CVE includes only limited information about any vulnerability. For more details, you can refer to the NIST National Vulnerability Database (NVD), which is fully synchronized with the CVE. You can also read about how Splunk integrates with Known Exploited Vulnerabilities Catalog, from CISA.

Components of a CVE Record

The CVE record consists of the following fields:

  • CVE-ID
  • Description
  • References
  • Assigning CNA
  • Record created date

Outdated/legacy fields that persist in old records include: 

  • Phase
  • Votes: Board members vote on whether the record can be accepted as a CVE
  • Comments: Comments on the vulnerability
  • Proposed: the proposed date of the vulnerability

Let’s take a look at some of these components in detail.

What is a CVE ID?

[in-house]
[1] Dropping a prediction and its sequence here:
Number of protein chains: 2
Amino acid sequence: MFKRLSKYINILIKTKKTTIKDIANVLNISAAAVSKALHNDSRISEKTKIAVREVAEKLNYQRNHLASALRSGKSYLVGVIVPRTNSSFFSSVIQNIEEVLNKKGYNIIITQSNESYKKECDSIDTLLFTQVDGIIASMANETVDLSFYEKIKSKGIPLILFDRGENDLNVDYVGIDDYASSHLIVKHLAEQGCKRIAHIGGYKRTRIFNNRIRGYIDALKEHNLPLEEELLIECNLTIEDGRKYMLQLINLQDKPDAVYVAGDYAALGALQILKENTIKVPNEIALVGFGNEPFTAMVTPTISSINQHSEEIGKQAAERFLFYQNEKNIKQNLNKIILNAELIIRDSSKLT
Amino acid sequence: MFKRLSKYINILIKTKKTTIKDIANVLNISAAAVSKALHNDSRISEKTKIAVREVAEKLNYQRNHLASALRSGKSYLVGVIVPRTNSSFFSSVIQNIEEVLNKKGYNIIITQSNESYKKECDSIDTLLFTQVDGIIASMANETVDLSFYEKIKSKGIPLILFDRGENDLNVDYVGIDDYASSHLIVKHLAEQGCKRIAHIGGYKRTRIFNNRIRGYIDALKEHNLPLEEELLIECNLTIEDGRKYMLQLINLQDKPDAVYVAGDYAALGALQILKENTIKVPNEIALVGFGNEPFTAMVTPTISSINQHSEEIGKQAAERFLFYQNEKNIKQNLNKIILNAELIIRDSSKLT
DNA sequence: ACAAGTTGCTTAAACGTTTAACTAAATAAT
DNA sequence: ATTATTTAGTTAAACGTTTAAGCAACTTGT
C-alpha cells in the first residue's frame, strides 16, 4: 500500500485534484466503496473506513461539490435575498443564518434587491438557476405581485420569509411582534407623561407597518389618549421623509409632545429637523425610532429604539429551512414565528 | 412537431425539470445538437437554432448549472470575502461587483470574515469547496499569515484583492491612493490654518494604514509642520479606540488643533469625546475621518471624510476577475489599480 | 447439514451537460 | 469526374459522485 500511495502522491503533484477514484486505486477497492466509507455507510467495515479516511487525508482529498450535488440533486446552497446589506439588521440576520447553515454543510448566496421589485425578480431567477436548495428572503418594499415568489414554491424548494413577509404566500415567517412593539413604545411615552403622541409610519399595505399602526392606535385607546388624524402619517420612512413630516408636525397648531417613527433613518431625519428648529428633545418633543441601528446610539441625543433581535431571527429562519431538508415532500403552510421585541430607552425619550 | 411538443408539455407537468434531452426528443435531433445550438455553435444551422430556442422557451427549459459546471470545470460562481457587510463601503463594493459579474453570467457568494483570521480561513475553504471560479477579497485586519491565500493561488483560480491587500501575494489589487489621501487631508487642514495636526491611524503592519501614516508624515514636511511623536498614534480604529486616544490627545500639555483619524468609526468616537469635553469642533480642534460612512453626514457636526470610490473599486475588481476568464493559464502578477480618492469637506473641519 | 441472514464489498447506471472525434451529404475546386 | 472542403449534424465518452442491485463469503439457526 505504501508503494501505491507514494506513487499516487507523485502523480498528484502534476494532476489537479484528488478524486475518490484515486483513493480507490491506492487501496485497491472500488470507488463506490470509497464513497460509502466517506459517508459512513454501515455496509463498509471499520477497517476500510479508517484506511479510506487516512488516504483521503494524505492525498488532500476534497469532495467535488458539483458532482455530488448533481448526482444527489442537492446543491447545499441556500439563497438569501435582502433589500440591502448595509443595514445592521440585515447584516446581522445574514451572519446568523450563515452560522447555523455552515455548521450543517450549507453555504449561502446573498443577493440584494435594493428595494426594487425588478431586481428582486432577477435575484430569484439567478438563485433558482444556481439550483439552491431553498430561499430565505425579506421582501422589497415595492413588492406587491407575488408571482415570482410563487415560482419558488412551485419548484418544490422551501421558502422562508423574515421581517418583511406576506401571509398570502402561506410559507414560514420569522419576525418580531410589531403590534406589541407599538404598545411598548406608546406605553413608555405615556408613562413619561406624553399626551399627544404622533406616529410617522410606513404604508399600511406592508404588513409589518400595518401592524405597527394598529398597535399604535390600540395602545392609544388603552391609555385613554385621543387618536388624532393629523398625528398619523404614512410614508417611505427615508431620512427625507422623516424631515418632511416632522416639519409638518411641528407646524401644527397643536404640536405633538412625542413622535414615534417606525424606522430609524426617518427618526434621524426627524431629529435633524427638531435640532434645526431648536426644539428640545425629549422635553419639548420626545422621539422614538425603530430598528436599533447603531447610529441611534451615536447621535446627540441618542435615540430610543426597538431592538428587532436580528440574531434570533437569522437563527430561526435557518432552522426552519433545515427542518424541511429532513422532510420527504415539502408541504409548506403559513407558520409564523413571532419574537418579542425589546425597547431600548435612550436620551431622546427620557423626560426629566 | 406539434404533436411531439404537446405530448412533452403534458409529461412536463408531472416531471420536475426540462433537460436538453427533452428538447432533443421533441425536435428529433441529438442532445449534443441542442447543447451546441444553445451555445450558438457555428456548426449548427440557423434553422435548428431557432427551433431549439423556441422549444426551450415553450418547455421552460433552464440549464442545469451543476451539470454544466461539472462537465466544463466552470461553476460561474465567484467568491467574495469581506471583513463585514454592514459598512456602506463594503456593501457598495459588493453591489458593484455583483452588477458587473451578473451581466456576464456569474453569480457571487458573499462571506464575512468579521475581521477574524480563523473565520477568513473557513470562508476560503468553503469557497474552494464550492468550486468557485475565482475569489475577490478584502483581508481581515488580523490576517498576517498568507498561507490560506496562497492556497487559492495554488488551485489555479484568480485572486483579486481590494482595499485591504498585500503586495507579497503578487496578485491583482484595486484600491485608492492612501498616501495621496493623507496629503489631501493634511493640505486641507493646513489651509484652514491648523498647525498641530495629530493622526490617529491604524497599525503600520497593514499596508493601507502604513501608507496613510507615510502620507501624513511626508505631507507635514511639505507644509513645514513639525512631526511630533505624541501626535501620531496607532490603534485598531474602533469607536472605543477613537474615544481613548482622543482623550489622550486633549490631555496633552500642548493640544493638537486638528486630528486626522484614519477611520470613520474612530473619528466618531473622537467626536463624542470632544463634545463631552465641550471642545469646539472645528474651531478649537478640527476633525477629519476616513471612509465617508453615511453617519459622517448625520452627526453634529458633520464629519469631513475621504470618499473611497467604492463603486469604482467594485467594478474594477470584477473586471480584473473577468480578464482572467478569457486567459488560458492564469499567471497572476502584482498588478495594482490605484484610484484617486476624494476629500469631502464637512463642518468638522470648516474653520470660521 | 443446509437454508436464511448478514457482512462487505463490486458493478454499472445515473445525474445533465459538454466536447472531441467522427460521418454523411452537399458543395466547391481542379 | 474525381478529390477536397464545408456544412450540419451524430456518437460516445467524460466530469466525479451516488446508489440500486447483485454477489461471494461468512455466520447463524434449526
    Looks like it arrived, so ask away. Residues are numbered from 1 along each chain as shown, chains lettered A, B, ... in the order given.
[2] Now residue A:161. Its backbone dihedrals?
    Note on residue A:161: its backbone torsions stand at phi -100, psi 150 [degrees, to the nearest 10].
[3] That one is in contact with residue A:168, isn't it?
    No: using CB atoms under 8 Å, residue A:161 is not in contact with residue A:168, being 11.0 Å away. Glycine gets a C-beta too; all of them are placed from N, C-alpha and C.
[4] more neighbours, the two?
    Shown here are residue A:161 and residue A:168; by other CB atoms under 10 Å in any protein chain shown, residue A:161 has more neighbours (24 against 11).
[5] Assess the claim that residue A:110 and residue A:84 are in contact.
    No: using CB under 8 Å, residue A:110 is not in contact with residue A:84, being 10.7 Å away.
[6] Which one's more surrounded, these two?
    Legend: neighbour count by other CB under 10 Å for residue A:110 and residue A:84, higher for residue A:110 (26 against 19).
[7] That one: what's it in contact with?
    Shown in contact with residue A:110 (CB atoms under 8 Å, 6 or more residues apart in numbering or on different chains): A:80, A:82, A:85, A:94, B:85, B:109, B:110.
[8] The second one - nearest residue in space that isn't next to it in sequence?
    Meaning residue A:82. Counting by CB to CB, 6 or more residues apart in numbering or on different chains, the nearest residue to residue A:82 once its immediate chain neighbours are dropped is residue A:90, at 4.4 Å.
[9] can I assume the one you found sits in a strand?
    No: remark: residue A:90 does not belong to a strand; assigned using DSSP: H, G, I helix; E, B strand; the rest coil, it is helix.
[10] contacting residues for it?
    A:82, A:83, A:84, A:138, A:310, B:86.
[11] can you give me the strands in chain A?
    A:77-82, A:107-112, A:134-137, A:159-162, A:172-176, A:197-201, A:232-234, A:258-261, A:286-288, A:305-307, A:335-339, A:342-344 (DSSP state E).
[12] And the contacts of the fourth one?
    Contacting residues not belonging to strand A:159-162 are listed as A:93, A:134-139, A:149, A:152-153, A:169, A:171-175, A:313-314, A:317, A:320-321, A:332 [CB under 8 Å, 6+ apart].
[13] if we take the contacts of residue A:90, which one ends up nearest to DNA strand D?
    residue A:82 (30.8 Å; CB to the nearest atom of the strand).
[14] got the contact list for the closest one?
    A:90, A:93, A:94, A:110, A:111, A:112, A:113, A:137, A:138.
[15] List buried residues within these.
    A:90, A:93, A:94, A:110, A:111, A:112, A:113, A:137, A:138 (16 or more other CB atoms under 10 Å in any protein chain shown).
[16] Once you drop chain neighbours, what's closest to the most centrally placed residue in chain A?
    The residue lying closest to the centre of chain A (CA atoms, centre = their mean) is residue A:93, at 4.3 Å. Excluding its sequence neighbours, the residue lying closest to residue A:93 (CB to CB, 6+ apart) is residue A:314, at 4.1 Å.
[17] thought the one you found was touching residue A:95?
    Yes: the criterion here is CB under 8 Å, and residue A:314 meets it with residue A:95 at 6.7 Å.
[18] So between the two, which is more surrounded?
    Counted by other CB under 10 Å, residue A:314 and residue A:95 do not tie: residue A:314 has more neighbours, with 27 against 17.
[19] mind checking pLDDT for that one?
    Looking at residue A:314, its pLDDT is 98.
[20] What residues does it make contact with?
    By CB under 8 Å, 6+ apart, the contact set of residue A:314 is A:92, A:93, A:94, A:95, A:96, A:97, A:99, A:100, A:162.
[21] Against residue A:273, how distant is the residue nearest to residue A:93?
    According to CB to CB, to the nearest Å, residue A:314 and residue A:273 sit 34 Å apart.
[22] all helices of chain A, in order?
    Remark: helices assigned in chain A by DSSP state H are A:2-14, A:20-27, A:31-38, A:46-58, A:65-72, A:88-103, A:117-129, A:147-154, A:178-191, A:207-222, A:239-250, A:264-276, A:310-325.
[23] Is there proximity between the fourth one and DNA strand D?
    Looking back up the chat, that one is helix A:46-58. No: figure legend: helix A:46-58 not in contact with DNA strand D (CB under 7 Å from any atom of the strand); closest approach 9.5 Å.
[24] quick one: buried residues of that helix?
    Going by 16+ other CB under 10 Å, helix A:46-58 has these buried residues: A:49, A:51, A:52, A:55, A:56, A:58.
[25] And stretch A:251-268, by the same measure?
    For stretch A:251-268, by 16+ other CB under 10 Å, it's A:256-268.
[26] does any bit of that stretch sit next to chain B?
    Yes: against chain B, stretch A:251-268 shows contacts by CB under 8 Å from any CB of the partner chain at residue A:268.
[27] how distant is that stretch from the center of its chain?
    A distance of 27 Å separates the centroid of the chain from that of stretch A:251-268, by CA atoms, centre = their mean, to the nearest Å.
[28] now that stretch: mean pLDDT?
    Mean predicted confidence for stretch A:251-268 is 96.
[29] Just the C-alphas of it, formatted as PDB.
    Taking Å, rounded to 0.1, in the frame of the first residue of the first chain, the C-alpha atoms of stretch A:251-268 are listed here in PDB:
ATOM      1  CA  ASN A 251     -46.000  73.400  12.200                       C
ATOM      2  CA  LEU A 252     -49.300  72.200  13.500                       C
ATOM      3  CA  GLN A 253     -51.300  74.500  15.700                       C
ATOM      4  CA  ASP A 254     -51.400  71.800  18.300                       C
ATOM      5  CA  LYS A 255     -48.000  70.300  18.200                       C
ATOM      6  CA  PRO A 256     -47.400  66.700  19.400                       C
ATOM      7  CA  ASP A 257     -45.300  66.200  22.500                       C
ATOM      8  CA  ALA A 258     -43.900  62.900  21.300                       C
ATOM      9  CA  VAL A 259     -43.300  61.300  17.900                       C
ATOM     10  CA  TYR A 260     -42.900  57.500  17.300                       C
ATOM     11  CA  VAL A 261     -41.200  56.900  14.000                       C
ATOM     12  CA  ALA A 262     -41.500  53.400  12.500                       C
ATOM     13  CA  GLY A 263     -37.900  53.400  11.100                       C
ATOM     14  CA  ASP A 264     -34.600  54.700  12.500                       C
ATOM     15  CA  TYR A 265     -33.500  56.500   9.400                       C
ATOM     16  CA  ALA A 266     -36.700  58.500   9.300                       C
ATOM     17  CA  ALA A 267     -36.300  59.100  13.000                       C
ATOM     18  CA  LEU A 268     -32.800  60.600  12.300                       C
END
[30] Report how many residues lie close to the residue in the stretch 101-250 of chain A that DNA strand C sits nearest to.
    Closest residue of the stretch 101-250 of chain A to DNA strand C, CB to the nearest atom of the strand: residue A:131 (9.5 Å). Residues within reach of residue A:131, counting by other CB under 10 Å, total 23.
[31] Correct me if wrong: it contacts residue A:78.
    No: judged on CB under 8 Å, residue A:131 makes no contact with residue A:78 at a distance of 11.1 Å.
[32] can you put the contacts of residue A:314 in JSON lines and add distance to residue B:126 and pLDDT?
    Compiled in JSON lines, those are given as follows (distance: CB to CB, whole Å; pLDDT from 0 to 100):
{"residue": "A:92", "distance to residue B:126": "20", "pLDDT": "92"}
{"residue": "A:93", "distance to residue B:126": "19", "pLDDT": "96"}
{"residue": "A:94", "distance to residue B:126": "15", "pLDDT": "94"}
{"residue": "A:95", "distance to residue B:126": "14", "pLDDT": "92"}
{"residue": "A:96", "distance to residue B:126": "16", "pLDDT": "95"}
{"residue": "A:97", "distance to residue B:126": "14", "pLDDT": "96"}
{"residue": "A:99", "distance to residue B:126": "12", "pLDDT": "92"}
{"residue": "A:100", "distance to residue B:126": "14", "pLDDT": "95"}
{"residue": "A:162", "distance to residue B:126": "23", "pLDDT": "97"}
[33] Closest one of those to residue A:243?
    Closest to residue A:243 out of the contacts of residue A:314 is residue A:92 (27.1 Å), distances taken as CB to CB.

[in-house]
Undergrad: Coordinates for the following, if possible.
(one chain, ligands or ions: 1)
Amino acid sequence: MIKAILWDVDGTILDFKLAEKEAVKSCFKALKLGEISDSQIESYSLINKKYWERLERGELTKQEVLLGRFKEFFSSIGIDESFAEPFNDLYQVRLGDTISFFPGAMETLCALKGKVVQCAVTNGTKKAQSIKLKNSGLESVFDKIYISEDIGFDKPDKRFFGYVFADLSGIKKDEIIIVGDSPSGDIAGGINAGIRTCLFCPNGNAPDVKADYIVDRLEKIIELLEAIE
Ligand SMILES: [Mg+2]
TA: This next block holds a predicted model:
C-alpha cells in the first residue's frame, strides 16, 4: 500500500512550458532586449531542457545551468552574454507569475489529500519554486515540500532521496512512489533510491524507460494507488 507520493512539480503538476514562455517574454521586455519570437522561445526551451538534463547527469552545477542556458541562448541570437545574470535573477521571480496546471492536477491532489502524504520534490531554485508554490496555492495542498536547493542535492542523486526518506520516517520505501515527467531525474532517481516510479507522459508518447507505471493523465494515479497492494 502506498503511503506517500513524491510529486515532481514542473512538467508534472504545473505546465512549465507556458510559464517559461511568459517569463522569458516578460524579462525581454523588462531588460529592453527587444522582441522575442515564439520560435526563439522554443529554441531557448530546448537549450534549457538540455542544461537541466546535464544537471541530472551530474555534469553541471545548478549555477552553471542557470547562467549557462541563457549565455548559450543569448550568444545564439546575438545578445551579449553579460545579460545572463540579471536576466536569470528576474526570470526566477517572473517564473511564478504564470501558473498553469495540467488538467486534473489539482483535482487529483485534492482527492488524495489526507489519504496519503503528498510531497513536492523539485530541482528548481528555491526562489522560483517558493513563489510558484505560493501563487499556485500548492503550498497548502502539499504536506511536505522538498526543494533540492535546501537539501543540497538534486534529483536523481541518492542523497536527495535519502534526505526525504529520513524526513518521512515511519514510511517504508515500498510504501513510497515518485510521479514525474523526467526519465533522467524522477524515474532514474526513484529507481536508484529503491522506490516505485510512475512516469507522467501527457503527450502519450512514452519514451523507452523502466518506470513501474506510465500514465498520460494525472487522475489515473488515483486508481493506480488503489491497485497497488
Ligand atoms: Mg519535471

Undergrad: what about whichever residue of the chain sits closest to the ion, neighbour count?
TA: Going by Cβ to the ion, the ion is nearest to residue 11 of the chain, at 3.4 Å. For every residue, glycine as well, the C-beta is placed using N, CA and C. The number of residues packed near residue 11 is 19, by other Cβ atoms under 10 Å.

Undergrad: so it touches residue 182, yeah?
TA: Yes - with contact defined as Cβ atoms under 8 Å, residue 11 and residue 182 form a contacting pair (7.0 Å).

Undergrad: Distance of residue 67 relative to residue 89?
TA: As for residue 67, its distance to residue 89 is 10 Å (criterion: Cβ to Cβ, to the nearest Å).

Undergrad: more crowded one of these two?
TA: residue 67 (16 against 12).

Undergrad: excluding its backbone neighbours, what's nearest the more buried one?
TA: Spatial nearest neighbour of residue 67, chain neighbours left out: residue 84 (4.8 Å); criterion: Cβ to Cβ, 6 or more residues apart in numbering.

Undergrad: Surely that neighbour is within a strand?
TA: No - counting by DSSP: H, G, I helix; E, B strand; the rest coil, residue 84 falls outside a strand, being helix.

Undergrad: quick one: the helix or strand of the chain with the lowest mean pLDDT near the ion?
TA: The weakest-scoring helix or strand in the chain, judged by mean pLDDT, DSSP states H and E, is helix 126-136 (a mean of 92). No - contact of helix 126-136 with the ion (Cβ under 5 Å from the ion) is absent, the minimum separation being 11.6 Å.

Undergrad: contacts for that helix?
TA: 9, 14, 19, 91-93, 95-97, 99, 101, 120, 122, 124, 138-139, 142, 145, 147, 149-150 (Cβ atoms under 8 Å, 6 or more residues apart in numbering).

A CVE ID is a unique ID assigned to each vulnerability by one of the CVE Numbering Authorities (CNAs). A CVE ID has the following format.


In the past, the CVE ID initially had the ‘candidate’ or ‘CAN’ status — this practice was sunset in 2005. Today, all identifiers have the CVE as the prefix. A number is a sequential number, and the year shows the year it was reported. Following is an example of a CVE ID assigned by Microsoft Corporation in 2022 for Windows Terminal Remote Code Execution Vulnerability.

CVE-2022-44702: Windows Terminal Remote Code Execution Vulnerability

Some CVE IDs get nicknames with exposure to a lot of media to make them easier to remember. For example, CVE-2019-0709 - Windows Hyper-V Remote Code Execution Vulnerability later became famous as BlueKeep.

What is a CNA?

Short for CVE Numbering Authority, a CNA is an organization that has permission to assign a CVE ID to a vulnerability and publish CVE records. They can assign and publish vulnerabilities only within their scope. 

For example, The CNA CloudFare is responsible only for assigning and creating CVEs in “all Cloudflare products, projects hosted at https://github.com/cloudflare/, and any vulnerabilities discovered by Cloudflare that are not in another CNA’s scope.”  CNAs volunteer their time for their own advantage.

Examples of some famous CNAs include